Cougars encounter rare snow during game
PULLMAN – Sometime around 3:30 p.m. Saturday, Dennis Erickson probably rediscovered why he’s happy coaching in Tempe instead of Moscow, Laramie, Pullman or even Seattle.
That’s when it started snowing on the Palouse.
Erickson, who was Washington State’s head coach in 1987 and 1988, probably said a silent thank you for coaching in Tempe, where dust storms and an occasional 50-day long run of 100-degree temperatures are about the only odd weather occurrences.
It started as a rain/snow mix that quickly turned to snow as the sun went down. As the Martin Stadium field was being prepared for the 7:30 start, someone wrote “Colfax” in the early snow in front of the student section.
The writing, like the town, was quickly covered with more snow as traffic on U.S. 195 slowly snaked its way into Pullman on Dad’s Weekend.
By game time the snow has slacked, no more than a flurry. A tractor and a pickup truck with a plow had the field clear by warmups.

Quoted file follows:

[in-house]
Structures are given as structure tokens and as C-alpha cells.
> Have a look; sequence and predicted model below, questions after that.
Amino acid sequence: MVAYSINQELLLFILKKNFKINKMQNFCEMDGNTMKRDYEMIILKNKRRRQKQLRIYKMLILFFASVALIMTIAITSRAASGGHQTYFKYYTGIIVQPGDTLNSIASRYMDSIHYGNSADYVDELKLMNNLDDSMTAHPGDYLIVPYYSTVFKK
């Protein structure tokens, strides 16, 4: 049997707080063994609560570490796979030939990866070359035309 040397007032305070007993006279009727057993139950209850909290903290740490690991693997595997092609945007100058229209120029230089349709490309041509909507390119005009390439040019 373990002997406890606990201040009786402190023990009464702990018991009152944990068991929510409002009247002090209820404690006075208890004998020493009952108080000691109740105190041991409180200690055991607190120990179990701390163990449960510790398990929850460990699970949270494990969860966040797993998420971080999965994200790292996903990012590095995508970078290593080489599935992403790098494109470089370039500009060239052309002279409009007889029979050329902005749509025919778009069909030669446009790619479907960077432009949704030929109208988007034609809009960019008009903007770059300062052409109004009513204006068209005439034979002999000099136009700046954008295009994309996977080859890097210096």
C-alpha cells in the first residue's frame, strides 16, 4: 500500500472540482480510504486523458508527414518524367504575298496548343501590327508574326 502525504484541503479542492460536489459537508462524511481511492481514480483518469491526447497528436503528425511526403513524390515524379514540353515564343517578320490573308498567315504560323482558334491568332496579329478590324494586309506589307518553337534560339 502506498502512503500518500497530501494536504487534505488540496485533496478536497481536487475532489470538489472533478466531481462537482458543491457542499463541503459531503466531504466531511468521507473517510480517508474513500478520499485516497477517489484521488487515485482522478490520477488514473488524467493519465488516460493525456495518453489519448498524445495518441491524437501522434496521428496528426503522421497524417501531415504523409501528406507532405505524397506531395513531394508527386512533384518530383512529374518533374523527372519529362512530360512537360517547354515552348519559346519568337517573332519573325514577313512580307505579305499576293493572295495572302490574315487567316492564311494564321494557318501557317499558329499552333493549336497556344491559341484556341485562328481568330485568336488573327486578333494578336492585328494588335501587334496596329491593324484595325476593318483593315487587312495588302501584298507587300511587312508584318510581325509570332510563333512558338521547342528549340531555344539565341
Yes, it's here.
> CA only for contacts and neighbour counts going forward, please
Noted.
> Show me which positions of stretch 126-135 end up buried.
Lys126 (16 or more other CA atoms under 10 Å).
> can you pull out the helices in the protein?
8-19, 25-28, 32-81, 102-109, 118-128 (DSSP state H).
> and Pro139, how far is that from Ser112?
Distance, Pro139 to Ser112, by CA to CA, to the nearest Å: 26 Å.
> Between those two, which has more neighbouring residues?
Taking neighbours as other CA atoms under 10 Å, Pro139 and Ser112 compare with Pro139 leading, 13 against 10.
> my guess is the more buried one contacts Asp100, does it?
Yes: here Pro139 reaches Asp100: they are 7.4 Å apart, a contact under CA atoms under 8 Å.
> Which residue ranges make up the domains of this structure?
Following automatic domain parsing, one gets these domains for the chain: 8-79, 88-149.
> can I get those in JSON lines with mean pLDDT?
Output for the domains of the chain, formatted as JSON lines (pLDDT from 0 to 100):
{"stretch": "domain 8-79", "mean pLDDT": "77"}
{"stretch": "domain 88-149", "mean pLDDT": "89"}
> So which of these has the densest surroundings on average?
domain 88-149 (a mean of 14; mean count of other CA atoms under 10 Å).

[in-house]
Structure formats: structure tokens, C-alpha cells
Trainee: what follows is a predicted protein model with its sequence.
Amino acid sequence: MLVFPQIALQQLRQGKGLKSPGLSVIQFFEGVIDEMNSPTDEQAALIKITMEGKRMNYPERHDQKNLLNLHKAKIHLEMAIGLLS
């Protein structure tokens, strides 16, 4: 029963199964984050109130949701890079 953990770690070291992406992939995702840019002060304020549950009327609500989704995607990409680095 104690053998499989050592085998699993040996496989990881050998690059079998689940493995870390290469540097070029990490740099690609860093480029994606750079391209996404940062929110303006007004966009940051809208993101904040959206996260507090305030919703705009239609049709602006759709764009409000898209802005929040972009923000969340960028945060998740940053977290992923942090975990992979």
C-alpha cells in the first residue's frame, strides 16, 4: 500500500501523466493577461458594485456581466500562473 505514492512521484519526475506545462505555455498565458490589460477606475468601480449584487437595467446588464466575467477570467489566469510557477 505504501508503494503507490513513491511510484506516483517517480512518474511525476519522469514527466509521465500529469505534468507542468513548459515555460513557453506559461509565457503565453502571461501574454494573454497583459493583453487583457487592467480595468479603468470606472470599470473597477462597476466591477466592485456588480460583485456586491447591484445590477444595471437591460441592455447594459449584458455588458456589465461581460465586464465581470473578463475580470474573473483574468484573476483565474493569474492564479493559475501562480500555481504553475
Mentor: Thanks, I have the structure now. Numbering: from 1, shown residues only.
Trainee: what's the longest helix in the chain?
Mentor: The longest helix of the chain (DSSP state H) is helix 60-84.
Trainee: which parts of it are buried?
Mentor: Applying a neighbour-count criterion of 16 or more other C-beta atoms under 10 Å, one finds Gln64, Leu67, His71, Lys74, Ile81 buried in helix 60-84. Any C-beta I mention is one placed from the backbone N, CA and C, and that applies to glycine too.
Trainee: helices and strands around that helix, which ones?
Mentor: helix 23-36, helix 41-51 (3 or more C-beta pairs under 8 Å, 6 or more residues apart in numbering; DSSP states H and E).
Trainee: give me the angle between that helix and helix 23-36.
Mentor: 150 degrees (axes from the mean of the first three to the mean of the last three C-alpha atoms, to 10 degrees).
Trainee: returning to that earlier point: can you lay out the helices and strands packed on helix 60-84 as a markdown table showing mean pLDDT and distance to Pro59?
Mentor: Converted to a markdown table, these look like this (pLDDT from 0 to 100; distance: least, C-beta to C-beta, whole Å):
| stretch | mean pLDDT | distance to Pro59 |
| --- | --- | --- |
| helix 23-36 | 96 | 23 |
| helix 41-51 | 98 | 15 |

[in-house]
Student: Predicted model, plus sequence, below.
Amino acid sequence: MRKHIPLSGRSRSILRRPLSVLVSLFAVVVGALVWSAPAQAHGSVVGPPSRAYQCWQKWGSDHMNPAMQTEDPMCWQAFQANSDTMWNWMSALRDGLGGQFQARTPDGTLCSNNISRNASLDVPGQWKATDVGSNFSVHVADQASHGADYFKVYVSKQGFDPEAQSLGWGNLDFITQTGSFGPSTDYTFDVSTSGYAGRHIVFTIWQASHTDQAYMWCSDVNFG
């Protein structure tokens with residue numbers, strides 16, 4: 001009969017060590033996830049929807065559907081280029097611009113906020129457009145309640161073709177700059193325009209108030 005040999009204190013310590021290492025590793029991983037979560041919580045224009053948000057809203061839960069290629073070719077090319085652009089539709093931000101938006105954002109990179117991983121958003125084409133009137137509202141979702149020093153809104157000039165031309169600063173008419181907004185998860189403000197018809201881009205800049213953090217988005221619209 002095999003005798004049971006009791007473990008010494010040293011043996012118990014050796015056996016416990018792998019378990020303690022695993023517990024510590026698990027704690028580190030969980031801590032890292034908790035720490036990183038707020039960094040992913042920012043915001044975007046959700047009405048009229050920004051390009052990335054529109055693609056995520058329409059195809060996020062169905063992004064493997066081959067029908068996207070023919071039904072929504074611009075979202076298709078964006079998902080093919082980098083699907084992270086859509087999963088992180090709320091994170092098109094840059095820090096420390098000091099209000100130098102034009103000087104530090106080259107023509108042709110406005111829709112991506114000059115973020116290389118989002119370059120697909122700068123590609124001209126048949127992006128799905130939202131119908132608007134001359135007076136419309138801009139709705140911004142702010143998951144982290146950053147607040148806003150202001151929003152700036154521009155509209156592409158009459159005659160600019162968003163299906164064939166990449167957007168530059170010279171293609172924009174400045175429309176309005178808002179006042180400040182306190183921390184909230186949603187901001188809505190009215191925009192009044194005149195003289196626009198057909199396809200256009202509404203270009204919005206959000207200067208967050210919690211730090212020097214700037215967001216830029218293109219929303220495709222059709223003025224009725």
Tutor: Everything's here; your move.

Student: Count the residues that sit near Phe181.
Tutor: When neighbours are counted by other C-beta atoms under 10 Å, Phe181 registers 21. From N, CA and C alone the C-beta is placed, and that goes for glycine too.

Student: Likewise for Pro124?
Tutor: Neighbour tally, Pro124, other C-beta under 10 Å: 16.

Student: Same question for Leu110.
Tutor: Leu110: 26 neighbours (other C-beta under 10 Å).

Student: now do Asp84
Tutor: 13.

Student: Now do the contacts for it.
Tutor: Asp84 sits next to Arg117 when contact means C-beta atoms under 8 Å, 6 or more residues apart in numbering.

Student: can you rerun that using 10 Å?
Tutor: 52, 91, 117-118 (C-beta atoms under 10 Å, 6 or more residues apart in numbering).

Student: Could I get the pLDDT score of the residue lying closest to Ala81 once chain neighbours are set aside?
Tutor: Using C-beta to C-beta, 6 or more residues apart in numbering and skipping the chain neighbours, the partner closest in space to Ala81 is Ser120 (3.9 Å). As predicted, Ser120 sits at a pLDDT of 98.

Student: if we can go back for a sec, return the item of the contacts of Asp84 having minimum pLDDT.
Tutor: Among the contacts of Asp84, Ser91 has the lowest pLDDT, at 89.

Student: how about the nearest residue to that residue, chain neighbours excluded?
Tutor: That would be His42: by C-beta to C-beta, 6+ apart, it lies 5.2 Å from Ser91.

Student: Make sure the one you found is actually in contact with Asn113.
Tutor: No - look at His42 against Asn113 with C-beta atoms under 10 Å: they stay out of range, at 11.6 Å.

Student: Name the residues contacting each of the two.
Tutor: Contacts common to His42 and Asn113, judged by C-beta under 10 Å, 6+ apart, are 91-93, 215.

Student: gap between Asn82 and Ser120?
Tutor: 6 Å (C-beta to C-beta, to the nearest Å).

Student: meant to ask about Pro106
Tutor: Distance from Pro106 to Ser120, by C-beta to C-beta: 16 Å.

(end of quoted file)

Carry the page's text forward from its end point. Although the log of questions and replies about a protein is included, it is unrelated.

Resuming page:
The last time it snowed during a WSU game was Nov. 19, 1994, when snow flurries were recorded during the Apple Cup. Two years earlier, on Nov. 21, it was the famous Apple Cup of Drew Bledsoe, Phillip Bobo and the 42-23 victory known since as the Snow Bowl.
The coldest game in Martin Stadium has to be the Nov. 13 game in 1955 against San Jose State.
The official temperature that day in Pullman: 5 degrees. The official crowd count was 424. Only one grandstand ticket was sold and the Cougars spent a few days trying to give the hardy customer his $3 back. Thirty enterprising people stepped up, but no one got the money.
Not to engender jealousy or anything, but on Nov. 13, 1999, the Cougars hosted USC at Martin Stadium. It was 74 and sunny.
Wilson reaches 1,000-yard milestone
Marquess Wilson is just a sophomore, but he’s already climbing up the Washington State receiving lists.
When he hauled in an 85-yard scoring pass from Connor Halliday with 6 minutes, 35 seconds left in the first quarter, Wilson surpassed 1,000 yards for the second consecutive season.
He joined Jason Hill, now with the Jacksonville Jaguars, as the only WSU receiver to eclipse that mark twice. Hill had 1,007 receiving yards in 2004 and another 1,097 the next season.
Wilson had 1,006 yards on 55 catches last season.
The pass was Halliday’s first of the game after taking over from Marshall Lobbestael – and the redshirt freshman’s first Pac-12 completion.